Peruvian Archbishop Says There Is No Right to Euthanasia: ‘It’s a Crime’
The Peruvian Supreme Court upheld on July 14 the decision of a lower court to allow Ana Estrada, who suffers from polymyositis, to put an end to her life through euthanasia.
In response to the recent decision of Peru’s Supreme Court to permit euthanasia for Ana Estrada, a woman with an incurable disease, the Archbishop José Antonio Eguren of Piura in northern Peru, said that “there’s no right to dispose of the life of others” nor one’s own life.
“There’s no right to dispose of the life of others; there’s no right to dispose of one’s own life,” the prelate wrote in a July 16 statement. “Euthanasia is a crime against life, which never loses its dignity. In addition, incurable is not synonymous with ‘little value,’ ‘less dignity,’ or ‘un-careable.’”
The Peruvian Supreme Court upheld on July 14 the decision of a lower court to allow Estrada, who suffers from polymyositis, an incurable disease that has left her in a wheelchair, to put an end to her life through euthanasia.
According to Archbishop Eguren, the Supreme Court’s ruling “constitutes a usurpation of legislative functions.”
“Euthanasia is unconstitutional, and it’s also prohibited by the Civil Code, the Penal Code, and the General Law on Health No. 26842, which establishes that the life of the human being must be respected from its conception to its natural end — i.e., death — without the intervention of third parties or of the person himself,” he explained.
The Peruvian prelate stressed that “human life is a nondisposable good, i.e., it’s a fundamental right that is not susceptible to being disposed of at will.”
“Human dignity is a value in itself and is not subject to a person's self-perception. In that regard, legalizing euthanasia is in practice legalizing suicide. Both in euthanasia and in abortion, there is an appeal to a misunderstood compassion in order to thus eliminate the greater good that is life,” he pointed out.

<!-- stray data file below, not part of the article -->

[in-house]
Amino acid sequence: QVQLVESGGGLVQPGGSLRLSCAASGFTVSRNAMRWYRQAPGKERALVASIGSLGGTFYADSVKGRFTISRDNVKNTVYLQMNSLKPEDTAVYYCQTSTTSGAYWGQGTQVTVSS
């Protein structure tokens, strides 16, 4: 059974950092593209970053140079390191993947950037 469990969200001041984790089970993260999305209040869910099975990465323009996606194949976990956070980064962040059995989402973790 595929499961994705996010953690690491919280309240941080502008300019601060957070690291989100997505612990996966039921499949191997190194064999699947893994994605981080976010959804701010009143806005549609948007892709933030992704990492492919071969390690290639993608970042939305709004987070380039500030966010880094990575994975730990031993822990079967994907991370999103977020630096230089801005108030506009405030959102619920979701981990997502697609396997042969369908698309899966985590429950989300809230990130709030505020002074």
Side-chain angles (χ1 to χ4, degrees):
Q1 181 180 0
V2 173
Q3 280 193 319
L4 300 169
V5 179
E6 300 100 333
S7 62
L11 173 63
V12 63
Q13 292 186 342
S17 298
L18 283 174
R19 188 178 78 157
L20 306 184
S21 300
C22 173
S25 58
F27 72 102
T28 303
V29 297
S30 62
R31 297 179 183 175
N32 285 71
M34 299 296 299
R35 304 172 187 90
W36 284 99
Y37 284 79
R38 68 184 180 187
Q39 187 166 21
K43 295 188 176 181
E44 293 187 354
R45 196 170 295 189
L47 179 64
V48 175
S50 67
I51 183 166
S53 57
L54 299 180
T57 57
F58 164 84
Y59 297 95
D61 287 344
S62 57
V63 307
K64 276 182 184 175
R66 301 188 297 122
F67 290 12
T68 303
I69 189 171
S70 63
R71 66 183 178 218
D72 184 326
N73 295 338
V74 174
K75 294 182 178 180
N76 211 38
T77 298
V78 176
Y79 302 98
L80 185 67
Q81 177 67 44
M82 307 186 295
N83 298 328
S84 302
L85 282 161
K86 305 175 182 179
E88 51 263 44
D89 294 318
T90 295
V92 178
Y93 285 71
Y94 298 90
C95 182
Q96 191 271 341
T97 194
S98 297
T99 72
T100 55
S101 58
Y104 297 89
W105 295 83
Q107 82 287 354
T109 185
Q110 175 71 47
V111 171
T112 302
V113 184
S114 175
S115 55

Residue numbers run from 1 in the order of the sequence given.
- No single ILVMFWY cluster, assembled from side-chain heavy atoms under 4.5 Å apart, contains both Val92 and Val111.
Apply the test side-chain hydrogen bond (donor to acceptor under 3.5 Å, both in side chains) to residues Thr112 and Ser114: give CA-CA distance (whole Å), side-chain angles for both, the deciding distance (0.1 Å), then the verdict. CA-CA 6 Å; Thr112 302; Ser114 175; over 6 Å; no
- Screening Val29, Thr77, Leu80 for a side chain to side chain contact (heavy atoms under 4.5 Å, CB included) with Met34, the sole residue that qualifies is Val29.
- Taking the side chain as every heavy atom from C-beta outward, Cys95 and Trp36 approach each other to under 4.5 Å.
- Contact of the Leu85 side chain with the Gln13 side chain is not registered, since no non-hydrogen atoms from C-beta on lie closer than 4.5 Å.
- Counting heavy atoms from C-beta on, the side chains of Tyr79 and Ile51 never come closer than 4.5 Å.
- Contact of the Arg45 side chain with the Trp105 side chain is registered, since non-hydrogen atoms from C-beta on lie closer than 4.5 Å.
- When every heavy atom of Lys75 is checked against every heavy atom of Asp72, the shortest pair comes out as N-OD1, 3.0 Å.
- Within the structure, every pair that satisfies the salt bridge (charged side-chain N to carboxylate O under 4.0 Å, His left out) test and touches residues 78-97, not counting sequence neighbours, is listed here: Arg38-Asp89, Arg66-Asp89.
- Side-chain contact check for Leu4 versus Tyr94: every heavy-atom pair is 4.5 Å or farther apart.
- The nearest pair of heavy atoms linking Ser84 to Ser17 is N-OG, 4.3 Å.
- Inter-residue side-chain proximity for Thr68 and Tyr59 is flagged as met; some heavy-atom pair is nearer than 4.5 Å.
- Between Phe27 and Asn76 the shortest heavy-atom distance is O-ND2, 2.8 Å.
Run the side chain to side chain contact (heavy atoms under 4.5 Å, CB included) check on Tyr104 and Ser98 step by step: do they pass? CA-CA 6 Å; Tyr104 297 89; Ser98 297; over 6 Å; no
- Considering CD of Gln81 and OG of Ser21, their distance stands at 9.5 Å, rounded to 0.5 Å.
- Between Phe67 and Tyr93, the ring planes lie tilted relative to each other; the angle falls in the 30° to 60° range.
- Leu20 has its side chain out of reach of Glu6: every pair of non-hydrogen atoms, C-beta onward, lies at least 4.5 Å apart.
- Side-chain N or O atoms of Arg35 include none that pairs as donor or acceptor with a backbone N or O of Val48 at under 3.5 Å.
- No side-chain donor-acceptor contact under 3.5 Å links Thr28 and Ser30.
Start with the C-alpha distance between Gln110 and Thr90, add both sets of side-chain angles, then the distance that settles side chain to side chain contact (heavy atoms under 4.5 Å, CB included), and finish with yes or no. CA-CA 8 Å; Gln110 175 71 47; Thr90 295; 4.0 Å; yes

The archbishop said that instead of promoting euthanasia, what should be promoted is providing “palliative medicine and being with the sick person, accompanying him, listening to him, making him feel loved and wanted.”
“That’s what can prevent loneliness, the fear of suffering and death, as well as the discouragement that this entails, which are the elements that are among the main causes today of requesting euthanasia or assisted suicide,” he said.
Archbishop Eguren said that “promoting at the present time an agenda of death (abortion and euthanasia) is absurd when we are coming out of the tragedy of a pandemic in which we have all witnessed the heroic struggle for life of the sick, family members, and health care personnel.”
He concluded: “I accompany with my prayer and closeness all those who are suffering the trial of sickness, so that in the midst of the pain and anguish that they have had to experience, they know how to open their hearts to faith, to the merciful love of God, as so many people have done who have gone through the mystery of pain and illness with their faith, finding in it the meaning to their sufferings.”
This story was first published by ACI Prensa, CNA’s Spanish-language news partner. It has been translated and adapted by CNA.